Have you ever seen flashes of red light brighten up the night sky?
A Chinese photographer captured rare red lightning, known as red sprites, on camera against the picturesque backdrop of Guilin's landscape in south China's Guangxi Zhuang Autonomous Region on July 27.
Academically known as a "transient luminous event," the red sprite is an electrical discharge phenomenon in the middle and upper atmosphere, reaching 50 to 90 kilometers in altitude. The name "sprite" not only describes its fleeting and elusive nature, but is also an acronym for Stratospheric/mesospheric Perturbations Resulting from Intense Thunderstorm Electrification.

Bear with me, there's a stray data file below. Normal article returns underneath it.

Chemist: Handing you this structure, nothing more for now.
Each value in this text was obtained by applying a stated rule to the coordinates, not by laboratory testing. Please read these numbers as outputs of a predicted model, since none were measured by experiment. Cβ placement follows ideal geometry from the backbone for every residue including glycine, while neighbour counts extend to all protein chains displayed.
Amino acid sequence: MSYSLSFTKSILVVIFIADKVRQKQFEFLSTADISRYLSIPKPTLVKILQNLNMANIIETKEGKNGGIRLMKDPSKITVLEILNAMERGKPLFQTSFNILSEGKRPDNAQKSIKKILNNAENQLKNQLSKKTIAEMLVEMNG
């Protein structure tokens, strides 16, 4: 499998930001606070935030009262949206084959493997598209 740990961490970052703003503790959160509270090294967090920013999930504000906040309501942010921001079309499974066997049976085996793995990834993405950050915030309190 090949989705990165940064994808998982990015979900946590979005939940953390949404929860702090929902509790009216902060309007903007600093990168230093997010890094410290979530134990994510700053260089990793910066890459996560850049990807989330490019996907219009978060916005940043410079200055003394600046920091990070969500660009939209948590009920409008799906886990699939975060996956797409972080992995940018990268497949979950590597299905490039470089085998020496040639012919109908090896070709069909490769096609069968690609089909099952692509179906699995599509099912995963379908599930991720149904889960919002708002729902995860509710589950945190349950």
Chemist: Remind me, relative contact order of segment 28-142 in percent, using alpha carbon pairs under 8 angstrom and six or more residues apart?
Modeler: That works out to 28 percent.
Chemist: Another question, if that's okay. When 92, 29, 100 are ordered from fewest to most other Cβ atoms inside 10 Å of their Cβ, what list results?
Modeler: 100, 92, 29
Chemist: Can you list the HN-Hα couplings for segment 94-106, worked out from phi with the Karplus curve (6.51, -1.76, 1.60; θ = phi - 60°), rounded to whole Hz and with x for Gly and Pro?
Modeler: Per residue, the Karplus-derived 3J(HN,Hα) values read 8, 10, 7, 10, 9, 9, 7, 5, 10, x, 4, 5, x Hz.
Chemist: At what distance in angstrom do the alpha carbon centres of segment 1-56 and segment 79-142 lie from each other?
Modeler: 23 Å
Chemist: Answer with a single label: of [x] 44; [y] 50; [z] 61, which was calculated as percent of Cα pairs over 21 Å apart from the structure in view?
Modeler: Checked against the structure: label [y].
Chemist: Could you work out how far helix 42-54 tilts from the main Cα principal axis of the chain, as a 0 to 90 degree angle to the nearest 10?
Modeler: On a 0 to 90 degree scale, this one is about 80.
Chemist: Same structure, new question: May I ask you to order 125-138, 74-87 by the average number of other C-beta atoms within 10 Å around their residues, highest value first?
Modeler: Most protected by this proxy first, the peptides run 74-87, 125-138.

The spectacular flashes are difficult to observe from the ground and even more challenging to photograph and study. The first photograph of a sprite was taken by accident in 1989. A team from the University of Minnesota recorded an upward flash from the cloud tops while they were testing a low-light television camera. Since then, red sprites have been captured by people on the ground and from the space station.
Red sprites might appear relatively small from the video, but they can be as big as 50 kilometers across. Share the good luck and the incredible natural wonder.